Year 12 student, Caitlin Jackson has dived into student life at BSSC. This year she is Secretary of the BSSC Student Leadership Team (SLT) and part of the Wellbeing and Inclusion sub-committee.

Previously College Captain at Weeroona College, Caitlin has long valued representing her fellow-students and bringing their opinions to college leadership.

“That might seem a challenge in a college as big as BSSC,” she says, “but all of us on the SLT want to use our role to make it easier for student opinions to be heard and for students to connect more easily with each other. I’m really looking forward to our team making the student experience at BSSC an even more positive one.”

To achieve this, the team is conducting a student voice survey to identify what would make students keen to stay at school over the lunchtime break. Stay tuned for those results.

Meanwhile, as many of us languished on the beach or kicked back for the summer break, Cailtin spent part of her January at the 2019 National Youth Science Forum. She went along expecting to have twelve days focused on science.

“But it was so much more than that!” she says. “Of course I loved being in an environment with people who share my passion and commitment for learning and I’m excited about the possibilities science will open up in future—but I also made so many fantastic new friends.”

In what was a forum highlight, Caitlin’s group participated in a video-conference with a scientist in Geneva who works at CERN, the European Organisation for Nuclear Research which operates the largest particle physics laboratory in the world.

Fascinated by anything to do with the universe, Caitlin was amazed to see science being applied in such an incredible way.

Unsurprisingly this experience is inspiring Caitlin’s VCE efforts and her long-term goal is to be an astrophysicist—probably via a Bachelor of Science (Advanced) at Monash and then into physics research. Naturally her favourite VCE subject is Physics, which she only picked up halfway through Year 11.

“Although I came in later, I just instantly loved physics and Roy is an awesome teacher,” she says. “But I enjoy my other subjects too—English Literature, Chemistry, Specialist Maths and Dance—and my teachers really go that extra mile—especially if you show you are committed.”

Caitlin is also discovering that there are benefits in having a diverse collection of subjects.

“Because I’ve always loved reading, studying English Literature, which is so different to my science and maths subjects, keeps me really engaged and developing other complimentary skills.”

Dance offers both exercise and artistic expression and also allows Caitlin to continue to develop a passion she has enjoyed since she was around three years old.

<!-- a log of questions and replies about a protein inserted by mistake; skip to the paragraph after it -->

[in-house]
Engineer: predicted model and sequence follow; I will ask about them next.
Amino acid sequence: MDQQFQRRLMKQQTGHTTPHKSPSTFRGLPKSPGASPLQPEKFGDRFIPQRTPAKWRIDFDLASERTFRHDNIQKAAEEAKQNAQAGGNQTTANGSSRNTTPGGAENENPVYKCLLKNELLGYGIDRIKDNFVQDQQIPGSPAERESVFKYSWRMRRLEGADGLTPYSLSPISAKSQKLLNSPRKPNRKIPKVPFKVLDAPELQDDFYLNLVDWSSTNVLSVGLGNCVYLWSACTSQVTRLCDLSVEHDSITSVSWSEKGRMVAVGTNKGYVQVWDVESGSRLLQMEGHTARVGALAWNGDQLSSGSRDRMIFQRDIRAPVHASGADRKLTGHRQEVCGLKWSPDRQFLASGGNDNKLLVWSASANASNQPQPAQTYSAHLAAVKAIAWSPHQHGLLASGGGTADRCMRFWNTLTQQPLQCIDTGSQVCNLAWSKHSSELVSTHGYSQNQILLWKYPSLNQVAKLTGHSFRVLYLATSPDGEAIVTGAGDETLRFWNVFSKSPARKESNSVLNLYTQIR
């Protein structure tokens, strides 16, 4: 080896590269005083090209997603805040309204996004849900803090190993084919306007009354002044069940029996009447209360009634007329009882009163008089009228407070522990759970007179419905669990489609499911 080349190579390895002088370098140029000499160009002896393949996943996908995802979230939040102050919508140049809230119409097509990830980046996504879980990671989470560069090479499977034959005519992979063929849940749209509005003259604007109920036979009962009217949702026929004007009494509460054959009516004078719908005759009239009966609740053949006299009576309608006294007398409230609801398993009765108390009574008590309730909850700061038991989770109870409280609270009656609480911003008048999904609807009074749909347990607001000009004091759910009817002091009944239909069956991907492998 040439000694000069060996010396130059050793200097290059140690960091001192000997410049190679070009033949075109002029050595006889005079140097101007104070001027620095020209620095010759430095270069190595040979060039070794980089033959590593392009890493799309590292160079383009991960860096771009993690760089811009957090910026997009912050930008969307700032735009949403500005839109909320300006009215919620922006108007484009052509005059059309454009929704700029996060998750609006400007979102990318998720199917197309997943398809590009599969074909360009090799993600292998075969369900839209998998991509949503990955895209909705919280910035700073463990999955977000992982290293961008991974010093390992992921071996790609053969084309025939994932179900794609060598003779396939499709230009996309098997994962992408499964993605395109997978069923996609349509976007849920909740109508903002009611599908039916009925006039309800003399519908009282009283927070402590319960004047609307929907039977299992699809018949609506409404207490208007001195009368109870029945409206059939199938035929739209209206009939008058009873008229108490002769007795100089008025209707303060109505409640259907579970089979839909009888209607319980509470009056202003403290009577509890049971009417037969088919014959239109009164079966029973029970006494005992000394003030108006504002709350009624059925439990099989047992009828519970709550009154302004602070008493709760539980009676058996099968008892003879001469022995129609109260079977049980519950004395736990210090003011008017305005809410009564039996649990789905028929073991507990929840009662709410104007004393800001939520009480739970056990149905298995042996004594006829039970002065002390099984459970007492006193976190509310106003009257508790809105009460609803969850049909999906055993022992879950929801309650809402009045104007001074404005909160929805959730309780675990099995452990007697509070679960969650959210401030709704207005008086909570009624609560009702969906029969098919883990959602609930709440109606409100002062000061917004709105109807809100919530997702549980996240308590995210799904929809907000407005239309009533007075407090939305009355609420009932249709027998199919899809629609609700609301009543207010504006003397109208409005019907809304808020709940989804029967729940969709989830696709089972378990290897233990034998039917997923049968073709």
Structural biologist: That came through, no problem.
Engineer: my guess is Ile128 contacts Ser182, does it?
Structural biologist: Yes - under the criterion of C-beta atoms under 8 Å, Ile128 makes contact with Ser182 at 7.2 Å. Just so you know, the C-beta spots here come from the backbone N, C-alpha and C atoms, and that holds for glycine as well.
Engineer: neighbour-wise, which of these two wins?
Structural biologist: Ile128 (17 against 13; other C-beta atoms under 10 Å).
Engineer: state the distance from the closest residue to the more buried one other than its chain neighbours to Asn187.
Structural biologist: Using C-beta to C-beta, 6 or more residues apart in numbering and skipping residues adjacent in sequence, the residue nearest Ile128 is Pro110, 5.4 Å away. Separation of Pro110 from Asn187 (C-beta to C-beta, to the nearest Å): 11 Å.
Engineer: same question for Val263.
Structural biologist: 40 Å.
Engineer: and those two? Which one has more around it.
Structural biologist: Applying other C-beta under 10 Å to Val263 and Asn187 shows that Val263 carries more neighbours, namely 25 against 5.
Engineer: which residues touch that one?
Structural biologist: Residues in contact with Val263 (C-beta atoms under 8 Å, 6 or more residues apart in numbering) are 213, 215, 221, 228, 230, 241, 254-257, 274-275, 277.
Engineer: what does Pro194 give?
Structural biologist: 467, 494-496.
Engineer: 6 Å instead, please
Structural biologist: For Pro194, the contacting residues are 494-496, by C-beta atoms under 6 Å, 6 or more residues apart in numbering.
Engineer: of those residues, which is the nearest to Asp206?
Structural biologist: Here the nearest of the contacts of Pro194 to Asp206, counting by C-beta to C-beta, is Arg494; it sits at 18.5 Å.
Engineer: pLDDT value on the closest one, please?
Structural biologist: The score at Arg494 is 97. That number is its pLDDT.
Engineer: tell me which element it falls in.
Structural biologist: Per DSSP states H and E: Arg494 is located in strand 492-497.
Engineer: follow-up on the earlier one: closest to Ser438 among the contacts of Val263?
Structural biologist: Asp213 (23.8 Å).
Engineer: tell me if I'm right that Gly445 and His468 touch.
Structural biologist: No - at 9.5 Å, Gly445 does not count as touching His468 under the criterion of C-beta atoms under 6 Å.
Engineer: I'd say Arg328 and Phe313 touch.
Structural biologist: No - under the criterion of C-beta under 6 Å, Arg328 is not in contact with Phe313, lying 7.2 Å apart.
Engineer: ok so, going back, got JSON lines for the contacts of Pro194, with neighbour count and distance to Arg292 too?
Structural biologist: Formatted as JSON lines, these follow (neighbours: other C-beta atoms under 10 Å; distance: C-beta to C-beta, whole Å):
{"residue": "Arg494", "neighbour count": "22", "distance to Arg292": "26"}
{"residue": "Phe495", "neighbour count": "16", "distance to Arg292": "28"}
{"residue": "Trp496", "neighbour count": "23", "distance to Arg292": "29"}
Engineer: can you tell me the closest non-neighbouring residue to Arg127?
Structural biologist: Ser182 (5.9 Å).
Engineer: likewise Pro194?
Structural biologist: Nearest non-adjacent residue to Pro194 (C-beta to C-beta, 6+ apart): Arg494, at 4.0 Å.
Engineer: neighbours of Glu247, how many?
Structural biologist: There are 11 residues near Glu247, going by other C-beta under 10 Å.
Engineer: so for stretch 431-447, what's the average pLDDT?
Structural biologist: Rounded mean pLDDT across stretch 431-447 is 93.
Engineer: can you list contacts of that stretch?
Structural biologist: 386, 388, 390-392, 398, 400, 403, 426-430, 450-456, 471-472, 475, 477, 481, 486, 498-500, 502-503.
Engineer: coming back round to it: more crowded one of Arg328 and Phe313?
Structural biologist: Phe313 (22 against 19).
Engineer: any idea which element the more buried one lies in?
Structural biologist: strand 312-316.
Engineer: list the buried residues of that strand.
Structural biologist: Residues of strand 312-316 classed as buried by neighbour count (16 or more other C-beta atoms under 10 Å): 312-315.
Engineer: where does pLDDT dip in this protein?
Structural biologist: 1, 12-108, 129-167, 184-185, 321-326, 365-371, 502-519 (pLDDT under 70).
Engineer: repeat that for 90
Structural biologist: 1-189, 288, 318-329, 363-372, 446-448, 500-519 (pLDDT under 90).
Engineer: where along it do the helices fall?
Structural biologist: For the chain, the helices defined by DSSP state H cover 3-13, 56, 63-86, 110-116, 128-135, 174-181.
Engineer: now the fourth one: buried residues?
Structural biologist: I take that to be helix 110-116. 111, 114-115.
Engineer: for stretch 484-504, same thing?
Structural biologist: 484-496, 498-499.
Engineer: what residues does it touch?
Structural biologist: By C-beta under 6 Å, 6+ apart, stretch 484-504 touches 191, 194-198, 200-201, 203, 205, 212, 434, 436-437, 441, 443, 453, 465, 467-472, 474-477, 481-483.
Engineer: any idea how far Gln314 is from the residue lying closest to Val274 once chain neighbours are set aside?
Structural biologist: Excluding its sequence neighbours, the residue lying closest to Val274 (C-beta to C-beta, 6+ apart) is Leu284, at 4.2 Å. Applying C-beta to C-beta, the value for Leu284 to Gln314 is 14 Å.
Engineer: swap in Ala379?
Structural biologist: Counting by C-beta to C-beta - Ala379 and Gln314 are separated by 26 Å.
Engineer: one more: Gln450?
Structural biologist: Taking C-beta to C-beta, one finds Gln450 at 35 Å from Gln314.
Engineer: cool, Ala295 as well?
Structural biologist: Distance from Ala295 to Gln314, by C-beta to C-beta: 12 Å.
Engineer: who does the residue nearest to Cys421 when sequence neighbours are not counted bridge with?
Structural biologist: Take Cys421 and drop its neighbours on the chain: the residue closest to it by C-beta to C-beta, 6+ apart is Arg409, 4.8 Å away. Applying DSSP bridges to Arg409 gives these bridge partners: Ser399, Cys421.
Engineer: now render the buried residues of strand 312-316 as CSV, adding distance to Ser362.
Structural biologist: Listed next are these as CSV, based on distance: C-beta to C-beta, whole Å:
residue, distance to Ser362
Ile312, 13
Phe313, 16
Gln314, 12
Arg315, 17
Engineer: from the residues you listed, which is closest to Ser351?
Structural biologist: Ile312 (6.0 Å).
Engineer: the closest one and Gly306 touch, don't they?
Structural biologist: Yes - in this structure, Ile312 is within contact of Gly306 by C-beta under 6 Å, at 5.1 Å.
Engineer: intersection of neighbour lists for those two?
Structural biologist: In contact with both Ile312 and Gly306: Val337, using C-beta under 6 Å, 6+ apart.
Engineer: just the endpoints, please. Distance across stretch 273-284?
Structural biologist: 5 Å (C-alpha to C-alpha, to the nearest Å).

“I still dance two nights per week with another two hours at school,” she says. “I love Jazz and Tap but also do Ballet and Contemporary.

“People may not realise it, but dance as a subject is still around 60% theory,” she explains. “Whatever else I do in my life, I hope I will always dance.”

In stark contrast to her studies and dance, another of Caitlin’s involvements is her local CFA which she joined as a junior member, competing initially with their Running Team. She has recently progressed to being a senior member and is now equipped with all the skills for fire-fighting.

Despite her busy schedule, Caitlin still finds time to keep tabs on the wider world.

“Obviously climate change is the big issue,” she says, “and it seems kind of ironic to put attention on any other issue if we don’t have an earth in the first place.”

The argument that students use the climate change strike as a day off does not cut it with Caitlin.

“I think those students are very sincere. But I do think we all need to change the mindset that one person’s actions don’t matter and can’t change anything. They do and they can.”

Despite these concerns, Caitlin also sees the good things—like the increase in tolerance for diversity and the possibility that her career in science could even lead to working in remedying the impact of climate change.

Finally, and more personally, we asked Caitlin to reflect on her life over the last six years and tell us the advice she would love to go back and give her younger self.

Unlike some students who find their younger adolescent period an unsettling time, Caitlin has had a really enjoyable journey through her secondary schooling.

“I guess I could have put myself out there even more than I did. What I’ve discovered is that the more you do, the more opportunities come your way… and all the positive growth that comes with them.”